Can smart contracts govern company operations, decisions, stakeholders, and future directions? We must be careful in not rushing smart contracts implementations where we don’t fully understand the implications of their potential failures.
In the case of the much publicized DAO rise and fall, too much autonomy was entrusted into fledgeling smart contracts, and the process took a turn that was humanly unstoppable (except via a hardfork).
Autonomy seems to be a stubborn goal of DAO’s, as zealous engineers want to give power to their smart contracts, just because money, business rules, responsibilities and decision-making can now be programmed all together in a big mashup.
Will we see the equivalent of a smart contrast in-chief that governs other smart contracts? Is Turing completeness a benefit or weakness of smart contracts?
Will blockchain networks be more secure than existing banking networks?
In light of the continued blockchain-related security hacks (eg: The DAO and Bitfinex, to name just two recently visible ones), a fundamental question is front and center: will we eventually take blockchain security for granted, just as we take bank grade security for granted? Or is it too early in the maturity cycle of blockchains to expect total security resiliency?
There is no reason why we shouldn’t expect blockchains to be as trusted as what is commonly referred as “bank grade security”, although we are not there yet, today. However, we should be reminded that real banks have had a rich history of robberies starting with the 1800’s during the Wild West era in the US, and there are continued successful bank robberies, thefts and hacking exploit, up this day.
Eventually, the frequency of blockchain security vulnerabilities should be an artifact of the past, because security is an essential condition if blockchains want to become big.
How will blockchains interact with each other and with the physical world?
That is a loaded question that we are barely starting to tackle and with expected breakthroughs in 2017.
Will there be standard way to access off-chain data? Will decentralized oracles become provably honest retrieval sources by centralized services? Will various blockchains inter-operate with each other at the asset exchange level or via other types of linkages? Will the Internet of Things take off when we connect it to blockchains? Will there be other flavors of blockchains in addition to the popular public and private one? How will the blockchain record and update physical status? Or should we optimize for on-blockchain activity? Will moving assets across blockchains be like the nightmare of integrating multiple databases or will it be a lot easier?
Will big companies play outside their operations?
The innovator’s dilemma is an omnipresent hurdle for large companies. The Internet was no exception to it, as we saw few large players reinvent themselves with the Web era. Instead, a number of industry sectors were hit broadside by the Internet: newspapers, retailers, bookstores, travel agents, stock brokers, lenders, payment processors, post offices, and others saw their business radically altered by the Internet.
With blockchain implementations, large companies could keep busy for the next 10 years, reengineering their operations to benefit from cost savings and process improvements due to blockchain-based solutions, but will they go further outside of their comfort zones? Will they implement what’s under their nose and in their current operations?
If central banks who have been tinkering with the blockchain adopt cryptocurrency, will it be as an experiment or as something they truly believe is in their future?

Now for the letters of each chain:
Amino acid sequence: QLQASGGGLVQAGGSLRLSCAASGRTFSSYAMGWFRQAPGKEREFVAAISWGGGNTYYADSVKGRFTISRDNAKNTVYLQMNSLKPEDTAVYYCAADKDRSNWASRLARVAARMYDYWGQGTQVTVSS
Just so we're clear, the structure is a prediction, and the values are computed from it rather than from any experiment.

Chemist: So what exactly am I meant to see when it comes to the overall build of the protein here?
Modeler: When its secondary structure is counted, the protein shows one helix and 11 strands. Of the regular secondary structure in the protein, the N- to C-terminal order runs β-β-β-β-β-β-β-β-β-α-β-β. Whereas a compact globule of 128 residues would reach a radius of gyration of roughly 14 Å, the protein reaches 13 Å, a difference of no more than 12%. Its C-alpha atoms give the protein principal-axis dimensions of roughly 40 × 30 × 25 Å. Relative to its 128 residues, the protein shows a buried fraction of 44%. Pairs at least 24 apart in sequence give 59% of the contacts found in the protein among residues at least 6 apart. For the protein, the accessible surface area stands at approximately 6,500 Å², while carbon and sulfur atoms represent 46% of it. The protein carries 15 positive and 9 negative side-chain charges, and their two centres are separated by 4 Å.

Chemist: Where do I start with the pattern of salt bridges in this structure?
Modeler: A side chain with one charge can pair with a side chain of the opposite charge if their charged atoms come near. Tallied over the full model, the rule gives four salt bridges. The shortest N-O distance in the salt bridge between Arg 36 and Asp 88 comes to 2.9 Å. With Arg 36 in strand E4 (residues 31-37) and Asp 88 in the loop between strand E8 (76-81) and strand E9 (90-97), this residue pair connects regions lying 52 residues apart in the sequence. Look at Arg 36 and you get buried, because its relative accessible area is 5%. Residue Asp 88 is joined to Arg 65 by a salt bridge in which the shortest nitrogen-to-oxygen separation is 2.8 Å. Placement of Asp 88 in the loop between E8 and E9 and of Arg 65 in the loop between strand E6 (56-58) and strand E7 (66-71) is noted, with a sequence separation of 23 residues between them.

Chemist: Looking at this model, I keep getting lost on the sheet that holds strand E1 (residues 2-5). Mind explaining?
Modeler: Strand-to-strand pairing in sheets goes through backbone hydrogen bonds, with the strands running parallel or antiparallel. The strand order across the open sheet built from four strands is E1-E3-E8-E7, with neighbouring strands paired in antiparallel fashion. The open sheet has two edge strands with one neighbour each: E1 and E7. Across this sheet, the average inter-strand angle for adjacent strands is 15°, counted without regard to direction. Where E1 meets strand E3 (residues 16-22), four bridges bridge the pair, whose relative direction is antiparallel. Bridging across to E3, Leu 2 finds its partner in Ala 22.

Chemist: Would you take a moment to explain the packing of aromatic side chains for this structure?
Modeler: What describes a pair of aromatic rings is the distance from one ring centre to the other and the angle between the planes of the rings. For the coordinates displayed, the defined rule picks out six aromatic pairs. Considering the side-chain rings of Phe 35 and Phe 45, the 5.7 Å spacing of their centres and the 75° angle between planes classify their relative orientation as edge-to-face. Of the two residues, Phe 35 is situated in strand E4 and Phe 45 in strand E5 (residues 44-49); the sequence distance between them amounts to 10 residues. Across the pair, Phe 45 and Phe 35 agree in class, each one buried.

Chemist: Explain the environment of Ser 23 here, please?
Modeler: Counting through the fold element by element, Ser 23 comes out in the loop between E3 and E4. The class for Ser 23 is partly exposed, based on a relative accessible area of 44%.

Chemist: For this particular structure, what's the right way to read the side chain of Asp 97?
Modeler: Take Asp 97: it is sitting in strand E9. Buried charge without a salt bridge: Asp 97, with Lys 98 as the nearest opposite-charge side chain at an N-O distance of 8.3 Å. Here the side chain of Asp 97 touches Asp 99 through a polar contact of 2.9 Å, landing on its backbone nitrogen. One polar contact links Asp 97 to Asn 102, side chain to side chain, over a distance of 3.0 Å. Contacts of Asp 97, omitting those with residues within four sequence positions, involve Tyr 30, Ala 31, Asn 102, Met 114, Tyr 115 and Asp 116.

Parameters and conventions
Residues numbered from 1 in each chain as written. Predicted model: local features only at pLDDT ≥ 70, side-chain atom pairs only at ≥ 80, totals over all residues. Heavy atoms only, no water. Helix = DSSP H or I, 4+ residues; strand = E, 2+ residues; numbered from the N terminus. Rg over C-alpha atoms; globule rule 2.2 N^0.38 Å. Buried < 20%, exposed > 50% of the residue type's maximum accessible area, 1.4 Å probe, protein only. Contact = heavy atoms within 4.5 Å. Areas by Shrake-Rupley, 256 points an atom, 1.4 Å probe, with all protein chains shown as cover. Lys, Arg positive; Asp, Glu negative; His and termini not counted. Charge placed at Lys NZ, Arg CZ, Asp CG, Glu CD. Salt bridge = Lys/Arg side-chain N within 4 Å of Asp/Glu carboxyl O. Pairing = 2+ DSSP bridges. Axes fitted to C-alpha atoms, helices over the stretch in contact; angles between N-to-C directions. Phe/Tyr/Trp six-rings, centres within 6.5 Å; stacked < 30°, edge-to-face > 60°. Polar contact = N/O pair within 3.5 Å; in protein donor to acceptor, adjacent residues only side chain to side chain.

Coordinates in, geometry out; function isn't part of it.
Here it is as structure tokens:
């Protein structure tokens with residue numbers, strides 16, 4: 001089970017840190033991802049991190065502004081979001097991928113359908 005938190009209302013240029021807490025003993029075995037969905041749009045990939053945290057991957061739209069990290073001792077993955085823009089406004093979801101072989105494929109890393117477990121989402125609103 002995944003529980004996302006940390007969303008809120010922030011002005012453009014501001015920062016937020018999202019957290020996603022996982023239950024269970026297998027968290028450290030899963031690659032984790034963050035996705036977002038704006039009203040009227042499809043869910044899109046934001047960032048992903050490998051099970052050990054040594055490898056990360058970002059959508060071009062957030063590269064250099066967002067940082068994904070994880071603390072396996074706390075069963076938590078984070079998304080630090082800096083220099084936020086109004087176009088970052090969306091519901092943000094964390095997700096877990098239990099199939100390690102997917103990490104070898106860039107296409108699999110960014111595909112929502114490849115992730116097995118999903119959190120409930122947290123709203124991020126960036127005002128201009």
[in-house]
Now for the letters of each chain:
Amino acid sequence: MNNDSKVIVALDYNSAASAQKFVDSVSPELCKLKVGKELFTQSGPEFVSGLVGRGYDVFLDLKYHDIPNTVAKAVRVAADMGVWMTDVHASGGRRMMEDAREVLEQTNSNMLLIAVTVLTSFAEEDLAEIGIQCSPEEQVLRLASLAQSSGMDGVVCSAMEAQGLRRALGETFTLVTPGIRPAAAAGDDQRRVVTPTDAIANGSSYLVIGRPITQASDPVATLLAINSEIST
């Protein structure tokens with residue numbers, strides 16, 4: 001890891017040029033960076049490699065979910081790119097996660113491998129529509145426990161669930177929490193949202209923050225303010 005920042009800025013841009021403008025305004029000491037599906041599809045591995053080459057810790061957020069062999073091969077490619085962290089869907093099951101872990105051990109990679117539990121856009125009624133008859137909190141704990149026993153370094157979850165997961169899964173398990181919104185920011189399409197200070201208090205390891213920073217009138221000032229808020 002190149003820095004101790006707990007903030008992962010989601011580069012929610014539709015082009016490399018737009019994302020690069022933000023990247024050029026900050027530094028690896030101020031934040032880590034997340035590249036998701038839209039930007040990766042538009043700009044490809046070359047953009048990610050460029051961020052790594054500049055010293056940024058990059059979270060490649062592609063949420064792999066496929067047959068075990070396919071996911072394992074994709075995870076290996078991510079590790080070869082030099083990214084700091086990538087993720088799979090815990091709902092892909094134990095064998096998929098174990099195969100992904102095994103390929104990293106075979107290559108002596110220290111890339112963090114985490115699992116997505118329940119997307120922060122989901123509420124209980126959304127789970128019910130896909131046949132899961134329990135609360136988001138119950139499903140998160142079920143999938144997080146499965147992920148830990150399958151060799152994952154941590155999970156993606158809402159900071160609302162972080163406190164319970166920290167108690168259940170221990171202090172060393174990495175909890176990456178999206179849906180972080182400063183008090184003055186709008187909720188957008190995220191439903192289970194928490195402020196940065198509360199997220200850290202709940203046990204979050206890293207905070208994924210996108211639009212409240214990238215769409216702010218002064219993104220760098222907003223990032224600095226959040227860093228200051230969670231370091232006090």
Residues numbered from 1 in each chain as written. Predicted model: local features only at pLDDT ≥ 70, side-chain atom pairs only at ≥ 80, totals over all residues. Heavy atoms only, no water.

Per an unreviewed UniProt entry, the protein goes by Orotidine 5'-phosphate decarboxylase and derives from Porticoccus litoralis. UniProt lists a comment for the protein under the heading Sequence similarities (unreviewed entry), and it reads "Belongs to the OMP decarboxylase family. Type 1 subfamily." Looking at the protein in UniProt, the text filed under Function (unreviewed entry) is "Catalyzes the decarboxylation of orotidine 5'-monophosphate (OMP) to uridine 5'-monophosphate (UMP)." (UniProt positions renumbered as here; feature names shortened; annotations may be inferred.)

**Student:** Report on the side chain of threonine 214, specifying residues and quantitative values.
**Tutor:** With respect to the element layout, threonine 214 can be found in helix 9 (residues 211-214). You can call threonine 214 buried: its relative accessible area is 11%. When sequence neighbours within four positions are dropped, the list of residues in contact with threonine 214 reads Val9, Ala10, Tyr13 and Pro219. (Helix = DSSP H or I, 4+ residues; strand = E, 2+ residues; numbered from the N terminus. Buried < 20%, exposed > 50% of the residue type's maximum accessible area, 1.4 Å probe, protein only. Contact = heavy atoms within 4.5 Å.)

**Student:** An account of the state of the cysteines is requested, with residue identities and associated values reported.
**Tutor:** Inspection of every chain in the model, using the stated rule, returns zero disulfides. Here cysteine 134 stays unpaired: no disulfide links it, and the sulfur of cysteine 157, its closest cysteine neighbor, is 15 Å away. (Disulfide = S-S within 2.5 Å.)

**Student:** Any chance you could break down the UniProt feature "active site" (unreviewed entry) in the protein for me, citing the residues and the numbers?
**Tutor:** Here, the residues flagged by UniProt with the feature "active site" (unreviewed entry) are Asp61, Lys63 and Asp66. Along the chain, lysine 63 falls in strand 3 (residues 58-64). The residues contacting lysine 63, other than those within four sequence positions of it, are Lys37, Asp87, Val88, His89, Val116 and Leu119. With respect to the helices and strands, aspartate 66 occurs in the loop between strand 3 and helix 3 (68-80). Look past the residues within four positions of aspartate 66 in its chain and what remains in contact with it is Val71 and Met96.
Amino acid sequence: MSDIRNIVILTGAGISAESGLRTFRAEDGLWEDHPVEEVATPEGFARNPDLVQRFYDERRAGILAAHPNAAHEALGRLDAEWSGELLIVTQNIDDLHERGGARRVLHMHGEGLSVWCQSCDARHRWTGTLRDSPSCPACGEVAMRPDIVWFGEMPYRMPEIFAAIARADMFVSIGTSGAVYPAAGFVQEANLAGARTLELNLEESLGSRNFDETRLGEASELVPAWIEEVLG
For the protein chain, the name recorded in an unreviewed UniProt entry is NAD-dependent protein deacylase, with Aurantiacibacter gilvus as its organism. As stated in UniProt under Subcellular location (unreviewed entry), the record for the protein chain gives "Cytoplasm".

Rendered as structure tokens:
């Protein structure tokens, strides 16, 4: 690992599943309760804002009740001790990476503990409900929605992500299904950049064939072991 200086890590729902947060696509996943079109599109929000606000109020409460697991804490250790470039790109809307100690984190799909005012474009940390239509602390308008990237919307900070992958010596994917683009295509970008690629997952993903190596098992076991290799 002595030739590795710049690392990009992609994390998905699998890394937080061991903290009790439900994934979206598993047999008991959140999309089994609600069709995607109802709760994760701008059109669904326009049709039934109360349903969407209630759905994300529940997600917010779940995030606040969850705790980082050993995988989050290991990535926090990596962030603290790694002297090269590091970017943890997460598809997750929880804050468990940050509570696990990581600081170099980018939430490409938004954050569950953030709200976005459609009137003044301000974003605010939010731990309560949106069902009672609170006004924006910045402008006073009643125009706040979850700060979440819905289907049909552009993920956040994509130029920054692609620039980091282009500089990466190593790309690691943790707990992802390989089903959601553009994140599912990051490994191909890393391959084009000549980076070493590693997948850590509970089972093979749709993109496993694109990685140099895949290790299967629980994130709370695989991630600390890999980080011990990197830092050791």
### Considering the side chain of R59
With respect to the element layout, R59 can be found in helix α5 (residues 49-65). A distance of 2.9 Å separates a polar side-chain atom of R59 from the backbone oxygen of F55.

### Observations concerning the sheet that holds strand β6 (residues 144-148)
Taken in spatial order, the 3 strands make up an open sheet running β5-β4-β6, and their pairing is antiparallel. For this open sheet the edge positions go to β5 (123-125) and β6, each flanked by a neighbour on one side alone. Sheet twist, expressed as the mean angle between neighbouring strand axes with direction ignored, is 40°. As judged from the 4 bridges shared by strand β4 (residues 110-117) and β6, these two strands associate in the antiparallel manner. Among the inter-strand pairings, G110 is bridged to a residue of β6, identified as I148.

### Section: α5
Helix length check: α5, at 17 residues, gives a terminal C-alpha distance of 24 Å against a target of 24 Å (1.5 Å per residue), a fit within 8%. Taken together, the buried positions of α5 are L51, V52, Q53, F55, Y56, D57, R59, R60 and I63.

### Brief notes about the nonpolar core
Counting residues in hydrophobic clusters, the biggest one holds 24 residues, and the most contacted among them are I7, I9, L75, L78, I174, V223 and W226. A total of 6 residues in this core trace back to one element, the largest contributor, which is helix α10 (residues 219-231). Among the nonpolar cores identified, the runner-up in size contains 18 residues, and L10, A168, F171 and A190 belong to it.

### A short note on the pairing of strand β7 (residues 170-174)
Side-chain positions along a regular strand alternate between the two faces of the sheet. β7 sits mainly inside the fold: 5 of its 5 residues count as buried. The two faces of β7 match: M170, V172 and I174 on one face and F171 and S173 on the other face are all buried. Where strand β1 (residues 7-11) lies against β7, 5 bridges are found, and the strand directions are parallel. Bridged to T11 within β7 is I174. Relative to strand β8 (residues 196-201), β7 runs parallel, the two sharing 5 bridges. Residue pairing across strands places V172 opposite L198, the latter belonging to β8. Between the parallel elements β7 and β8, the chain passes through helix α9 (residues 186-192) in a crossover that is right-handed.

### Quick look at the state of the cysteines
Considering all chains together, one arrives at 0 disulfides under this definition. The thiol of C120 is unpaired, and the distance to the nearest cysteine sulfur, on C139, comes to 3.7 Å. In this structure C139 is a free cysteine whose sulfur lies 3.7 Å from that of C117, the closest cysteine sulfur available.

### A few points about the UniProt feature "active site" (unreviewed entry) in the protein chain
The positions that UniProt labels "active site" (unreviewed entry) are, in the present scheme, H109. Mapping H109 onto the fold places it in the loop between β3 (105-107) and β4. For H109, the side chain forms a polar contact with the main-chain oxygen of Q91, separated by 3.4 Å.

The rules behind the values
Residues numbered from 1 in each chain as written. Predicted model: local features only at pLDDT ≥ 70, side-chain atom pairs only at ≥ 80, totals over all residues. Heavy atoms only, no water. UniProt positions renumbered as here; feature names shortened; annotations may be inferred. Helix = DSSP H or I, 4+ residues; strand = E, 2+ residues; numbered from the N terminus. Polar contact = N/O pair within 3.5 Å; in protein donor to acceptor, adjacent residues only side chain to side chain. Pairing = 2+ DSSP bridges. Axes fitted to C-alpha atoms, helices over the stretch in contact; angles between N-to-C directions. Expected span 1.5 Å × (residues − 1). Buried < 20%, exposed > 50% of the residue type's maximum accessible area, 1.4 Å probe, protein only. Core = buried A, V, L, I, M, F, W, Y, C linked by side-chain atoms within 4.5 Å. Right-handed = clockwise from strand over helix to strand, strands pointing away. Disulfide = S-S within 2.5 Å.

When will we see widespread consumer adoption?
Where are the consumer applications that don’t require users to have any technical knowledge of the blockchain? Early cryptocurrency wallets are very natively close to the blockchain and not user-friendly enough, at least not for mass consumption.
Maybe there’s a Web equivalent to the blockchain that we are still waiting for. It was the World Wide Web that provided this user-friendly layer where users didn’t have to worry about connecting computers together in order to benefit from the information availability.
Will we be able to shift the conversations from the technical realm into the business one?
What will be the regulators’ role and impact?
For the most part, regulators have not been too heavy-handed yet. But they are bound to place their marks on the blockchain, eventually. What is not known is whether they will innovate, update, experiment, support or tamper with blockchain innovation.
The right regulatory updates could provide a great boost to blockchain implementations. There are new theories for blockchain regulations that place regulators as a node on the network, just like any other peer, allowing it visibility and transparency into a slice of transactions which they can observe and react to.
However, we have yet to see official regulators taking these types of positions, and we still need to see more regulatory sandbox experiments bear their fruit.
Does proof of work have a long-term future?
Will proof of work (POW) scale indefinitely or will a new consensus method such as proof of stake or delegated proof of stake replace it? Do we know all we need to know about the economics and safety of this popular consensus method?
A corollary to that first question follows: will miners continue to play a key role or will their place become threatened? Furthermore, will it be possible to create a public blockchain that isn’t dominated by a few mining interests?
Let us be reminded of what Tim Berners-Lee said when they decided to make the Web technologies totally open: “You can’t propose that something be a universal space and at the same time keep control of it.”
Finally, will it be possible to have a secure blockchain without a valuable token as the incentive to secure it, without calling that a permissioned private blockchain?
Are ICOs a boon or will they bust?
Currently, new Initial Cryptocurrency Offerings (ICOs) are launching with a frenzy not unlike the Internet rush to IPO’s during 1999, when half-baked companies or ideas hurried to get listed, only to later face the ugly brutalities of public markets.